The interesting part of that is a lot of the business might have been a geographical limitation. In other words, we’re located in Long Island, and we’re also located in Manhattan, and also in South Florida so normally, there’d be a concentric circle of people that you can help in that business. That didn’t happen last year. Last year, we were helping people all throughout the states, a lot of clients in California, and what we found was that people just want the best person that can help them and they don’t care where the geographical location is. 

This, I would say, was really an added advantage to our business. It really helped push our business much, much higher because we were getting people that normally wouldn’t come to us, they would go in a concentric geographical location. Now they were coming to us because they felt that we were the best people for them. That was a great question.

Laurie Barkman:

So the process that you follow to manage someone’s wealth is something that evolves over time, right? Especially if you’ve worked with them for a while, and then they have a transaction to then have an influx of a different type of asset to manage. What’s your process in assessing what’s the best way to work with people?

Mark Kravietz:

Okay, so the first thing we do is we do a plan, we’re all plan based. We do a financial plan, we want to inventory all their assets, we understand what their goals are, what are all the financial goals that we listed all out, and then we will do an analysis to make sure that they have enough money to live comfortably. If they have excess wealth, what are the things that they want to do? Do they want to create a foundation? Do they want to do other things, different homes that they want to buy, help their kids, help out society?

We’re going to try to get an understanding of what they want out of life and then we’re going to do a very specific process of managing those assets. How much assets do they need, how much money, what kind of cash flow do they need in their business? We’re going to make sure that we replace that cash flow that they get from their transition, because that’s a big thing, “Oh, I was making x amount of dollars when I was working, and had my own business, and I can control things. Now I don’t have that business anymore. Where are we going to replace that asset?”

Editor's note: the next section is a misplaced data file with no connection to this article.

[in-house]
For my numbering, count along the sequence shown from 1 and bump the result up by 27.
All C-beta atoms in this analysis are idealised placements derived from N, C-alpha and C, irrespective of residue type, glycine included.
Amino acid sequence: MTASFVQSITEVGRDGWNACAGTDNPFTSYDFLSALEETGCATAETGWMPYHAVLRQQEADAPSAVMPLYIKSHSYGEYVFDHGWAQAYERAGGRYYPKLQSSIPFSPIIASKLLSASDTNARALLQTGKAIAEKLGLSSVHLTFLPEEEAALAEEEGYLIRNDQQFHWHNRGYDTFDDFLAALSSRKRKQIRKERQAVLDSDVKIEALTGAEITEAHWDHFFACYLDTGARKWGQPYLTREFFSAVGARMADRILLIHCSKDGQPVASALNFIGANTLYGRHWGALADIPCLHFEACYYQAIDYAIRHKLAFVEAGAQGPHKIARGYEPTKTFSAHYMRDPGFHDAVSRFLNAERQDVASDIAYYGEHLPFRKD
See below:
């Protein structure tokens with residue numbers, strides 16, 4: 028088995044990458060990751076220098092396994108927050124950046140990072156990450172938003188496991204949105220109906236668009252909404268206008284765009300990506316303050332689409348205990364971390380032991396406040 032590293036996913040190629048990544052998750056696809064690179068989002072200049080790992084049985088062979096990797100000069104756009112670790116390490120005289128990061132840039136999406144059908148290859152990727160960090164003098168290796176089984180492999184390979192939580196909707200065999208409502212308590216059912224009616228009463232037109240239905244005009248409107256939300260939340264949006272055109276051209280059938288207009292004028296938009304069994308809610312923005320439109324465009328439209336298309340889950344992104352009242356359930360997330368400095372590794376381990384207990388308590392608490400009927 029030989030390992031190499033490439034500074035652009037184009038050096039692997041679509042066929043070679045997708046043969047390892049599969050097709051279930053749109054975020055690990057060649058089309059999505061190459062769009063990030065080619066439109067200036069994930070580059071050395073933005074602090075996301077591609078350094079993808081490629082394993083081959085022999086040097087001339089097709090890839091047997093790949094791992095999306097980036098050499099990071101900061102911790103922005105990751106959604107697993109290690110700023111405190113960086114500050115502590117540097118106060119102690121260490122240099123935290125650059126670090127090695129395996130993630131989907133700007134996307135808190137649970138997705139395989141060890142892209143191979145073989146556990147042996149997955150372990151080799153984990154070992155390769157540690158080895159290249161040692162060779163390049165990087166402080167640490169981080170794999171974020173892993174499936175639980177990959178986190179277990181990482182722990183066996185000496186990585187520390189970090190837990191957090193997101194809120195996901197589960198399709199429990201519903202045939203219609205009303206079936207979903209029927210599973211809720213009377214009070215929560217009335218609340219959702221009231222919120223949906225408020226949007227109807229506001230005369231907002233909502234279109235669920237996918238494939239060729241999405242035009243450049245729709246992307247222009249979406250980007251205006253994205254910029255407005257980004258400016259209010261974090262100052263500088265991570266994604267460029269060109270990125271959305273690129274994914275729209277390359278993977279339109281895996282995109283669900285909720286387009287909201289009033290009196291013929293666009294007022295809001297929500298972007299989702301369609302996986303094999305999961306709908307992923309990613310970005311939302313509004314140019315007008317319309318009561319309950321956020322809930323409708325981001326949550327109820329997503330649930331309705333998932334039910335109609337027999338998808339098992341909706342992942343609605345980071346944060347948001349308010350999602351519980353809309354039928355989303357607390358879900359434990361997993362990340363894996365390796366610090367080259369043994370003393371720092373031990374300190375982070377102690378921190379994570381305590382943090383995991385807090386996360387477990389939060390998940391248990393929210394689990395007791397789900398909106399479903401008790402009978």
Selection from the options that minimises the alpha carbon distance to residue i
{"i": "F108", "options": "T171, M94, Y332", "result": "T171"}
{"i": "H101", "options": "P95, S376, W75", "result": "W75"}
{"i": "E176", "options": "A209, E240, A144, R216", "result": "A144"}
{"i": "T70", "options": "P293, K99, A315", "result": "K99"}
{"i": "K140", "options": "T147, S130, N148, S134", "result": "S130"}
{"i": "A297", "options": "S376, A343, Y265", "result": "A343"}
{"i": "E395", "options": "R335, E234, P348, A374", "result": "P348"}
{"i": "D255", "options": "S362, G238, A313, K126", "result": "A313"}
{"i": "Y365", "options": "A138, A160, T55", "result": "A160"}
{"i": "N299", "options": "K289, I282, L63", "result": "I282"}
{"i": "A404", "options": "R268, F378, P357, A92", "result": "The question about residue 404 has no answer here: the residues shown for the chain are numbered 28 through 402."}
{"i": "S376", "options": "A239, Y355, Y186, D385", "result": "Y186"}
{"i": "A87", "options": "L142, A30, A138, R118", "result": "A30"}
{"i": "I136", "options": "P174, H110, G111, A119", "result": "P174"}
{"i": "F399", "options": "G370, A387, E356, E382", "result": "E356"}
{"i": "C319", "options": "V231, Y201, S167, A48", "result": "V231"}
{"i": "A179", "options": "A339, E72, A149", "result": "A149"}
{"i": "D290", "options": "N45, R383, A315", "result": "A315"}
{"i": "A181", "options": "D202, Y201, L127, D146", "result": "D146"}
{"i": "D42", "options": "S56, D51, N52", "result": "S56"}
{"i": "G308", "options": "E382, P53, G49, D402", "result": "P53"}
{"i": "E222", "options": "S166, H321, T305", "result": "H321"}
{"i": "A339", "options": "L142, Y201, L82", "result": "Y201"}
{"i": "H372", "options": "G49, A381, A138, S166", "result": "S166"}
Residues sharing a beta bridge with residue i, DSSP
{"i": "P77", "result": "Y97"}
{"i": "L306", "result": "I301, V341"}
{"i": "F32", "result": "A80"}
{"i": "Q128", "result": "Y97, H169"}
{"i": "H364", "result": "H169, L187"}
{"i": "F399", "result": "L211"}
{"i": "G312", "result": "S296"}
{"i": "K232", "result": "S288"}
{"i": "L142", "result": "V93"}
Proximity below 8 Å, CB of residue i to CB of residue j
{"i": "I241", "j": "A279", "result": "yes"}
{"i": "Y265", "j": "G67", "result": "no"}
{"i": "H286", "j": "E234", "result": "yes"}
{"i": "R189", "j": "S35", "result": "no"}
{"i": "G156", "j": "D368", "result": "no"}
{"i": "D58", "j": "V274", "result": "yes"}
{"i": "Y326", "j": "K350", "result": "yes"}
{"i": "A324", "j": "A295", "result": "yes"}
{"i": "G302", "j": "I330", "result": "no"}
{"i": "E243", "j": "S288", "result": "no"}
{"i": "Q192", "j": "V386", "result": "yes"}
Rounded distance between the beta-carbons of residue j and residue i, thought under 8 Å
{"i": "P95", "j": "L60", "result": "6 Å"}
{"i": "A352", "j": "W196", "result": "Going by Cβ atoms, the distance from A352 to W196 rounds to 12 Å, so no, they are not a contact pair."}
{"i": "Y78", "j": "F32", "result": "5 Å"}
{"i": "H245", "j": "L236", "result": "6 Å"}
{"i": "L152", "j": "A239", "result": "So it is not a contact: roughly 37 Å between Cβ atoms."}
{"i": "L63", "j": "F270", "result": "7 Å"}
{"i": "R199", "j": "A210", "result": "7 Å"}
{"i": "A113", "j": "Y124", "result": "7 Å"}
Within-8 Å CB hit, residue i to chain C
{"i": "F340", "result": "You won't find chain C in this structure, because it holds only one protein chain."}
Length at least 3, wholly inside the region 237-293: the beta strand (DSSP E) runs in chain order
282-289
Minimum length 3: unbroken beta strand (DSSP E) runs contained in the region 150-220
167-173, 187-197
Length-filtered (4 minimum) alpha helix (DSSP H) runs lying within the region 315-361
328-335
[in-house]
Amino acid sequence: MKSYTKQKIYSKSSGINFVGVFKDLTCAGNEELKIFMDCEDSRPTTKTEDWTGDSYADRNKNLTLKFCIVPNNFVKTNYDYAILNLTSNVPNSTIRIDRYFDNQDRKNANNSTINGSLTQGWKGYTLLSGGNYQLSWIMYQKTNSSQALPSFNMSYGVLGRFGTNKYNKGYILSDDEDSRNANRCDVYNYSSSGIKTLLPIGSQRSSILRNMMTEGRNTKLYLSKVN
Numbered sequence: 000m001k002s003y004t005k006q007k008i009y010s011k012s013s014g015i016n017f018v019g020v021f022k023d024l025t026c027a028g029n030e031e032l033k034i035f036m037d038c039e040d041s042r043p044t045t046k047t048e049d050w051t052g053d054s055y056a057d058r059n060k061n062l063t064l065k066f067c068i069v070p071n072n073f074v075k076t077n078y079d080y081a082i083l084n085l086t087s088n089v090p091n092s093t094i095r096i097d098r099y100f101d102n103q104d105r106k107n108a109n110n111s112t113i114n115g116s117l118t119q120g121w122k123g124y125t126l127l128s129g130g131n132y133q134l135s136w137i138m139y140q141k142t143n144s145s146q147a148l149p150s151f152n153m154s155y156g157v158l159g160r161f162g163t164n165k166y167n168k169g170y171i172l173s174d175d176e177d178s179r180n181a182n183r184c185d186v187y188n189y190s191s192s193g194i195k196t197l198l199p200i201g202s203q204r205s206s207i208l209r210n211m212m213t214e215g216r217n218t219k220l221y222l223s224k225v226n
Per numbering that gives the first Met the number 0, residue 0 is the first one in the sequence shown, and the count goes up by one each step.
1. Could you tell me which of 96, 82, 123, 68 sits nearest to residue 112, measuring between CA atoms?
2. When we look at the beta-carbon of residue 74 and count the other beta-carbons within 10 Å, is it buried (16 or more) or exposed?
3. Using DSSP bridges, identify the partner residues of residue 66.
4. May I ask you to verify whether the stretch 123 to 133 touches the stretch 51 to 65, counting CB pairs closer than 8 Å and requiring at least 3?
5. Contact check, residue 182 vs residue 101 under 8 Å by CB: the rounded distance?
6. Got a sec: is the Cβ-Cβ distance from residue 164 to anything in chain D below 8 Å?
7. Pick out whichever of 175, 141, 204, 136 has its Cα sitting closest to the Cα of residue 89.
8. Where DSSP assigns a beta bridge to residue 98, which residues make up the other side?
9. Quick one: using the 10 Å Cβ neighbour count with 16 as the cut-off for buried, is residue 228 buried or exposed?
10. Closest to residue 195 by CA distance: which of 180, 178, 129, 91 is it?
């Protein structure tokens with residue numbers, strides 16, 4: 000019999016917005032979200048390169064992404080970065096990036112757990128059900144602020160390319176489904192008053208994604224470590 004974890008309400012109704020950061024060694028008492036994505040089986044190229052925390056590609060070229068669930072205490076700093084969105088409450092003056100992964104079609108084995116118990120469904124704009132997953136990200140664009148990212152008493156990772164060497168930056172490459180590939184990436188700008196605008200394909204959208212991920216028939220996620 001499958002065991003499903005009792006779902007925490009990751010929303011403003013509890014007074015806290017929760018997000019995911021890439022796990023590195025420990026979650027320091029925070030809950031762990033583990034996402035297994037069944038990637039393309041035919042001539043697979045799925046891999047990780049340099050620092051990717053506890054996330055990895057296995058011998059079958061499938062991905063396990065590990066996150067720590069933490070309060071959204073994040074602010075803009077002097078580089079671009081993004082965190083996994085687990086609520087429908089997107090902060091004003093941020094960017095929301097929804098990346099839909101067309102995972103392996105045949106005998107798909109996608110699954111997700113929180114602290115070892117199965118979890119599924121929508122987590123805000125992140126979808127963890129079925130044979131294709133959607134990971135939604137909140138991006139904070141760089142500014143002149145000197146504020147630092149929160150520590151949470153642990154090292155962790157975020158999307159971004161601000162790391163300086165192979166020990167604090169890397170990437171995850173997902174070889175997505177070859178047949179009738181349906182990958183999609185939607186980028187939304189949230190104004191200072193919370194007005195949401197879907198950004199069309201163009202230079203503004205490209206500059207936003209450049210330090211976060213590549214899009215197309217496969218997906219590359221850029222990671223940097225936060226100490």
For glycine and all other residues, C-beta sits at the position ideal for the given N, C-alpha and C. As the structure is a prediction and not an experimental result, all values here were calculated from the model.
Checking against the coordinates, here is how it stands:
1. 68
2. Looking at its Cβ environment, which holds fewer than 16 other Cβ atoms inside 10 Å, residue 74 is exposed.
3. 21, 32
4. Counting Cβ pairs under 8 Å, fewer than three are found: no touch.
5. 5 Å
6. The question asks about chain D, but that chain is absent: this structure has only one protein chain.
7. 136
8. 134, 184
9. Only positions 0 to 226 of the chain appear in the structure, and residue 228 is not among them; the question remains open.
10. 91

In a lot of cases, as I mentioned before, their wealth is in their business. Once they transition, and they take that wealth out, now what they’re worried about is they’re not looking to create wealth for themselves. They’re looking to preserve wealth, they’re looking for income, and they’re looking to have a modest amount of growth, as well as keep up with or beat inflation, so we’re walking that tightrope where we don’t want to put them in harm’s way, from a market standpoint. We’re looking at preserving that wealth, but we’re also looking at getting them income, and also growing their assets. It’s a tightrope that we walk, but listen, we’ve been doing this for a long period of time, over 30 years, and we’ve never ever had anybody run out of money. Never not once and that is a goal and we’ll continue to keep that goal as well.

Laurie Barkman:

It’s funny when you think about it, you hit on it earlier, Mark, that exiting is really a transition and if a business owner has set out to create wealth, ultimately, that’s what we’re all doing, we are transitioning to someone else, we can’t take it with us and it’s hard to think about. It’s hard, like, we’re human. Who wants to think about that, but I think in the process that you’re describing, it’s about living a lifestyle that you want to live and having fun and enjoying life after your business. It isn’t the end of the road, and it is a positive.